Dear IndianaDG Readers:
I don't often report on renewable energy activities in the State of Missouri but I thought this story was worthwhile PLUS it features the Missouri Coalition for the Environment. Let me explain. Before the Missouri Coalition for the Environment became a statewide organization, the Coalition began its work in 1969 in St. Louis as the region’s first independent citizens’ group created to address a broad range of environmental policy issues. In 1970 as a part of the first national Earth Day activities, I helped to organize a group at my St. Louis based high school called the Environmental Problems Club (EPC). EPC then became a member of the Coalition for the Environment.
Later I returned to my hometown of St. Louis to serve as the Executive Director of the Coalition for the Environment in 1977-78. So as you can see I have a soft spot for this group. Thanks for indulging my stroll down Memory Lane.
Laura Ann Arnold
Written by Jonathan Shorman
Months after an environmental group sued state officials alleging Missouri is not fully implementing a renewable energy law passed by voters, the state is trying to get the lawsuit thrown out.
In August, the Missouri Coalition for the Environment filed suit against Gov. Jay Nixon, Secretary of State Jason Kander, the Missouri Public Service Commission and the General Assembly’s Joint Committee on Administrative Rules.
In 2008, Missouri voters passed Proposition C, the Renewable Energy Standard. The standard requires electric companies to sell an increasing amount of electricity from renewable energy sources. Between 2011-2013, 2 percent of sales must come from renewable sources. Beginning in 2014, the percentage jumps to 5 percent. Eventually, in 2021, companies will be required to make 15 percent of their sales from renewable sources.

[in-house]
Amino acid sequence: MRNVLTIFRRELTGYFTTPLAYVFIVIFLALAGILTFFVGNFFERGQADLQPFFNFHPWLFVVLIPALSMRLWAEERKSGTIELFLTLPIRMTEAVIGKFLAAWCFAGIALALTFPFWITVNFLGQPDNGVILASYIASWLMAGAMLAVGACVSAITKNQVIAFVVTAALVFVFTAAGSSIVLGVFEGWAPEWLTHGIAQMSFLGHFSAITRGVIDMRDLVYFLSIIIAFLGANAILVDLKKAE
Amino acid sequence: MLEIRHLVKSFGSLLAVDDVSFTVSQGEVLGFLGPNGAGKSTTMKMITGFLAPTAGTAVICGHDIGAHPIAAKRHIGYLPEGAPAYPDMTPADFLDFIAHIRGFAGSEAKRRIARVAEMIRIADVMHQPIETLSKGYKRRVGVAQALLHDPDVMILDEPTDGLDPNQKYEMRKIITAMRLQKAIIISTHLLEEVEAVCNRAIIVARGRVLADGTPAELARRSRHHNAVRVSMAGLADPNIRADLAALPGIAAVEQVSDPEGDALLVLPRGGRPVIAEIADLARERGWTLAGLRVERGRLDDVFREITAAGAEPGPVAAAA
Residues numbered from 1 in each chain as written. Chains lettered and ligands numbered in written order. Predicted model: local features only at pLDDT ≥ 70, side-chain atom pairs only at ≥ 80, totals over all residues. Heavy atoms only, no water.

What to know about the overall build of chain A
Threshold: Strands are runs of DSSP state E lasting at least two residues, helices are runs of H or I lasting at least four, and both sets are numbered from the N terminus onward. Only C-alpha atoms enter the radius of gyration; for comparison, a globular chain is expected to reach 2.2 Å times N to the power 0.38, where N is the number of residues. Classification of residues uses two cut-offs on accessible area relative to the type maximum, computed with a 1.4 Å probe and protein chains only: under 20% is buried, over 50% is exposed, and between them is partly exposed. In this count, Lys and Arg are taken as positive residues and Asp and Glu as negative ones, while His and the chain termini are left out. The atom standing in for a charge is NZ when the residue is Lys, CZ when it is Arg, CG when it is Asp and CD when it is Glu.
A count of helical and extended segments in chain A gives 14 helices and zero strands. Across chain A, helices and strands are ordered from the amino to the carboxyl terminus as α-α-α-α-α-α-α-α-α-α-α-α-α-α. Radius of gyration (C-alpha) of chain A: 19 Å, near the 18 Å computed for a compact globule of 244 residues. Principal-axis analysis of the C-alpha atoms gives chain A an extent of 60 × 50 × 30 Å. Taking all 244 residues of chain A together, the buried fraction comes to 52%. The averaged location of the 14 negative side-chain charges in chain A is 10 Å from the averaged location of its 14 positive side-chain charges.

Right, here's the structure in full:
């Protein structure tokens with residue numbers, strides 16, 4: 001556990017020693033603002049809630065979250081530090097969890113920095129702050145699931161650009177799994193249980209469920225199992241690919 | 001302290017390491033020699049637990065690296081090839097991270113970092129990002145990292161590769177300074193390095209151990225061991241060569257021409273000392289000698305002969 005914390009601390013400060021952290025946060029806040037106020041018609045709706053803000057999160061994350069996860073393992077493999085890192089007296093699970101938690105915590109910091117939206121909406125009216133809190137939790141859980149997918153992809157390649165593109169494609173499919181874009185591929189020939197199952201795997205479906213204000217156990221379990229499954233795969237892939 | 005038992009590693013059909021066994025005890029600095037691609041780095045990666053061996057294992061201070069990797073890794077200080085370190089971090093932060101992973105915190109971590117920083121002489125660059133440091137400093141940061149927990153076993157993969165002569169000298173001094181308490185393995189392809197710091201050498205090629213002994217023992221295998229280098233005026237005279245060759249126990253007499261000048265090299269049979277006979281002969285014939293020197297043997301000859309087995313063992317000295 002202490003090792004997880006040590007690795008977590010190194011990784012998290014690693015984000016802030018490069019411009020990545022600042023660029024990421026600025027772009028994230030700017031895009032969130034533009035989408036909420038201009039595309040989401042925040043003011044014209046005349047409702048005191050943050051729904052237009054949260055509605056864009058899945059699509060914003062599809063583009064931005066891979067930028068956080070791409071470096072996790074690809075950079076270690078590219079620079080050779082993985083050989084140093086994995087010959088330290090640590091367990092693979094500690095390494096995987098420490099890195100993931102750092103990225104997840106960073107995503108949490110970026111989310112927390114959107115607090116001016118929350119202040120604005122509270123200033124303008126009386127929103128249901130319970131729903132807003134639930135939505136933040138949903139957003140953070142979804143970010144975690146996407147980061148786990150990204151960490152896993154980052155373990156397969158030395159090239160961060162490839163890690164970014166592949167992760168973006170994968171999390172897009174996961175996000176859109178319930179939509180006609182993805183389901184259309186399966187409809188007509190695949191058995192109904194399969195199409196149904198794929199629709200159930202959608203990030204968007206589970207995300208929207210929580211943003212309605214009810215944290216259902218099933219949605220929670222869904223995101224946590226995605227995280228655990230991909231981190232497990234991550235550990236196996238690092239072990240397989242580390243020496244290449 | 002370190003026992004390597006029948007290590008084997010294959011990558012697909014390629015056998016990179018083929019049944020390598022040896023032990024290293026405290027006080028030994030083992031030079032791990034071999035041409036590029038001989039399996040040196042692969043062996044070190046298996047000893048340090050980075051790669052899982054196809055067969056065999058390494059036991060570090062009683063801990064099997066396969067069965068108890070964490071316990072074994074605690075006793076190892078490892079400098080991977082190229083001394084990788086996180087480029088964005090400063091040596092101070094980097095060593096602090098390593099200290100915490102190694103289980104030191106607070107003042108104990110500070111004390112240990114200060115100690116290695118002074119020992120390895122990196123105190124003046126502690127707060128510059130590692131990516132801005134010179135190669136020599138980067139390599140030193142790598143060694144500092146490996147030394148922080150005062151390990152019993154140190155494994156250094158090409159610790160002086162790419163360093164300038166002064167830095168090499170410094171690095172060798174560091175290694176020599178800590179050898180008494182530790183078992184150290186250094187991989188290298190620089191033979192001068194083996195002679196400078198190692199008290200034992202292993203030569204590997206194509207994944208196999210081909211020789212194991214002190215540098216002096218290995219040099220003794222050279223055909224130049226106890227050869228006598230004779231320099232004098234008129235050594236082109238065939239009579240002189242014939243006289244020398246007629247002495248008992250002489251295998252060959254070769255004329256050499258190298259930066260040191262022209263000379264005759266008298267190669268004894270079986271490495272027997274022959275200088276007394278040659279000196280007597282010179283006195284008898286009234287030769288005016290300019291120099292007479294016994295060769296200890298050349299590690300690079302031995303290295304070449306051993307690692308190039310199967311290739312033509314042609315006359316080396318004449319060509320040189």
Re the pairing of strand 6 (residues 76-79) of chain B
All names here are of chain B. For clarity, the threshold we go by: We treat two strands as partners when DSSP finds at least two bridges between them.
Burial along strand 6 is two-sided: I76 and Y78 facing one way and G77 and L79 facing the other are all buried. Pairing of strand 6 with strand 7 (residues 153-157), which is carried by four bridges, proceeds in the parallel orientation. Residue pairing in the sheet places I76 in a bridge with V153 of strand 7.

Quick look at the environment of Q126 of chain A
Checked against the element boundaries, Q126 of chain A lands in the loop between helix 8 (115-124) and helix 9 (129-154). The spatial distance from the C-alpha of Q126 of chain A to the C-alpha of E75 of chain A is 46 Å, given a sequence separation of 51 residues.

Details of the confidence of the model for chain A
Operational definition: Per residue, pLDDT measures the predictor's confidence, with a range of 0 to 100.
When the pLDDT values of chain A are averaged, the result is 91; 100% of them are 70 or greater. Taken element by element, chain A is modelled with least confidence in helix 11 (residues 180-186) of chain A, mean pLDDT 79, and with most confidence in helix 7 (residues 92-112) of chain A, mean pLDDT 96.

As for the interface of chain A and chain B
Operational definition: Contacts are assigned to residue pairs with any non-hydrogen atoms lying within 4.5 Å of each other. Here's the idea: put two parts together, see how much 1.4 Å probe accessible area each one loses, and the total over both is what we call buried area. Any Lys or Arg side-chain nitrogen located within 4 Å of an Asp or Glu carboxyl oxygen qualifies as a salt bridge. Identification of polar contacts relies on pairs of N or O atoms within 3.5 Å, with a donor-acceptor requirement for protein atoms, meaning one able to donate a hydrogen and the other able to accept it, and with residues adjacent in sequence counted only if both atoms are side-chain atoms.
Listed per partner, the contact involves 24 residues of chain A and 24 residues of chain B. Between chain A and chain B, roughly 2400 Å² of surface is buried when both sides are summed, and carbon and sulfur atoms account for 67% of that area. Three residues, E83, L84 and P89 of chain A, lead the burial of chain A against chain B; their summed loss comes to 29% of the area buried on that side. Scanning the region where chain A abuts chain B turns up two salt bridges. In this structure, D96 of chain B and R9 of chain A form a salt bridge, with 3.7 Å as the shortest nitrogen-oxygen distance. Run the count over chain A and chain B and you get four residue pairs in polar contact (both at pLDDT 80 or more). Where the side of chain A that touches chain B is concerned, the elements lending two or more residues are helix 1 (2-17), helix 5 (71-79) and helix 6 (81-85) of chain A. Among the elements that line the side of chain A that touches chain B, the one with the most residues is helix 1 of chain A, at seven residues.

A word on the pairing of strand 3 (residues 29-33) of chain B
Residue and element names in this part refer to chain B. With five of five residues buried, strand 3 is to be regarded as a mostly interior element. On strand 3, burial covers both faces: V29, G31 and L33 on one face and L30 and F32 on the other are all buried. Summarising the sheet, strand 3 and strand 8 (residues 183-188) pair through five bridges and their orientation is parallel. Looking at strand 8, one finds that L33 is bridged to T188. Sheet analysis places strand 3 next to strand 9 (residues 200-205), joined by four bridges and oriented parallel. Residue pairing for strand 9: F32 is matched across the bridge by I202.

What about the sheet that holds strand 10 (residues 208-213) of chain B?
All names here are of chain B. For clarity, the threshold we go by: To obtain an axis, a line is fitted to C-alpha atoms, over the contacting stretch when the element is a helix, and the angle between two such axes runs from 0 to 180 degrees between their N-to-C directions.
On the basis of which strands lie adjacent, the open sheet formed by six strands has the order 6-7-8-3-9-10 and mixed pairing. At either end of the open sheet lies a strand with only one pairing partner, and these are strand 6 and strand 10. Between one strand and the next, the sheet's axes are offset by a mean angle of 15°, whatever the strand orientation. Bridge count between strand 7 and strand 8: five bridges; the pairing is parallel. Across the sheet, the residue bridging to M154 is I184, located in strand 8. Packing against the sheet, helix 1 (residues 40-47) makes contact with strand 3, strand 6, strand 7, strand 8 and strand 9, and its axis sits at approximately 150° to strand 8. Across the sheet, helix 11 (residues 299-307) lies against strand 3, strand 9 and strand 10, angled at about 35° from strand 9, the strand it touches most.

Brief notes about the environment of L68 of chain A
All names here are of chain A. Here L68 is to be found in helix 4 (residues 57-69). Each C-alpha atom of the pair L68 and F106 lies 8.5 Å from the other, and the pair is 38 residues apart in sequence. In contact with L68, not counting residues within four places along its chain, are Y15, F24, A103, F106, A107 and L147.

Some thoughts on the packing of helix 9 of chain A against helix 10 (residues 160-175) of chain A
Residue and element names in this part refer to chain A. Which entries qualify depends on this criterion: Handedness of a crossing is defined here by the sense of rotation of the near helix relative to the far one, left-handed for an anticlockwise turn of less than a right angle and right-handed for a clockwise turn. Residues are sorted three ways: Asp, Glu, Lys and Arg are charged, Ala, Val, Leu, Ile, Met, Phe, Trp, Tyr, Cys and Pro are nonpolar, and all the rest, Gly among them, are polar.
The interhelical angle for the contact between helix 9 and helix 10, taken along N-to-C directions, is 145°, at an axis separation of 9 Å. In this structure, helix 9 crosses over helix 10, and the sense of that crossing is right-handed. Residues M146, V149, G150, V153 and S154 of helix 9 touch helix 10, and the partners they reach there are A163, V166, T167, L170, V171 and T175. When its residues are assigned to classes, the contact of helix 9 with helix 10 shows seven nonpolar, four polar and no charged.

Renewable energy is measured using renewable energy credits. According to the lawsuit, in 2011, Ameren and Kansas City Power & Light both purchased solar credits from third-party brokers.
And for the Missouri Coalition on the Environment, that is the problem.
“The (energy credits) summarized above are ‘unbundled,’ meaning they were purchased separately from the energy with which they are associated, which energy was never delivered to Missouri or to any Missouri customers,” the lawsuit says.
The group contends that part of a proposed rule that would have required the energy to actually be generated in Missouri or sold to customers in the state was squashed by the Joint Committee on Administrative Rules in 2010.
Sen. Bob Dixon and Rep. Eric Burlison, both of Springfield, sit on the committee, though neither was a committee member in 2010.
The Public Service Commission, which developed the proposed rule, filed the rule with the Secretary of State and the Joint Committee, which is tasked with providing legislative oversight of the rule-making process.
The committee voted not to approve the portion of the rule requiring the energy to be sourced in Missouri. The lawsuit says the committee only has the authority to review rules developed in response to laws passed by General Assembly, not laws passed by the people.
The coalition is suing to have the disapproved portion of the rule reinstated.
“It’s a critical issue because if utilities aren’t required to deliver renewable energy to Missouri, the law is largely meaningless. Missouri isn’t getting new jobs or the new renewable energy that should be built here,” Vaughn Prost, CEO of Missouri Solar Applications, said in a statement. The company is one of the plaintiffs in the lawsuit.
Earlier in November, the state filed a motion asking for the lawsuit to be dismissed. According to the state, the environmental coalition wants the court to change the rule years after it was issued.
“Almost three years after the required time and outside of the required process for challenging the orders and decisions of the (Public Service Commission), the Plaintiffs ask this court to find that a decision of the Commission is of no legal effect,” the motion reads.
Eric Slusher, spokesman for Attorney General Chris Koster, said the office declined to comment because of pending litigation.
The motion also argues the court should not take up the suit because the environmental group has not exhausted its “administrative remedies,” meaning it has not tried to change the rule through the Public Service Commission before coming to the court.
The motion was filed jointly by the attorney for the Public Service Commission and the attorney general’s office. Kander, in a separate filing through an attorney, also says the lawsuit should be dismissed.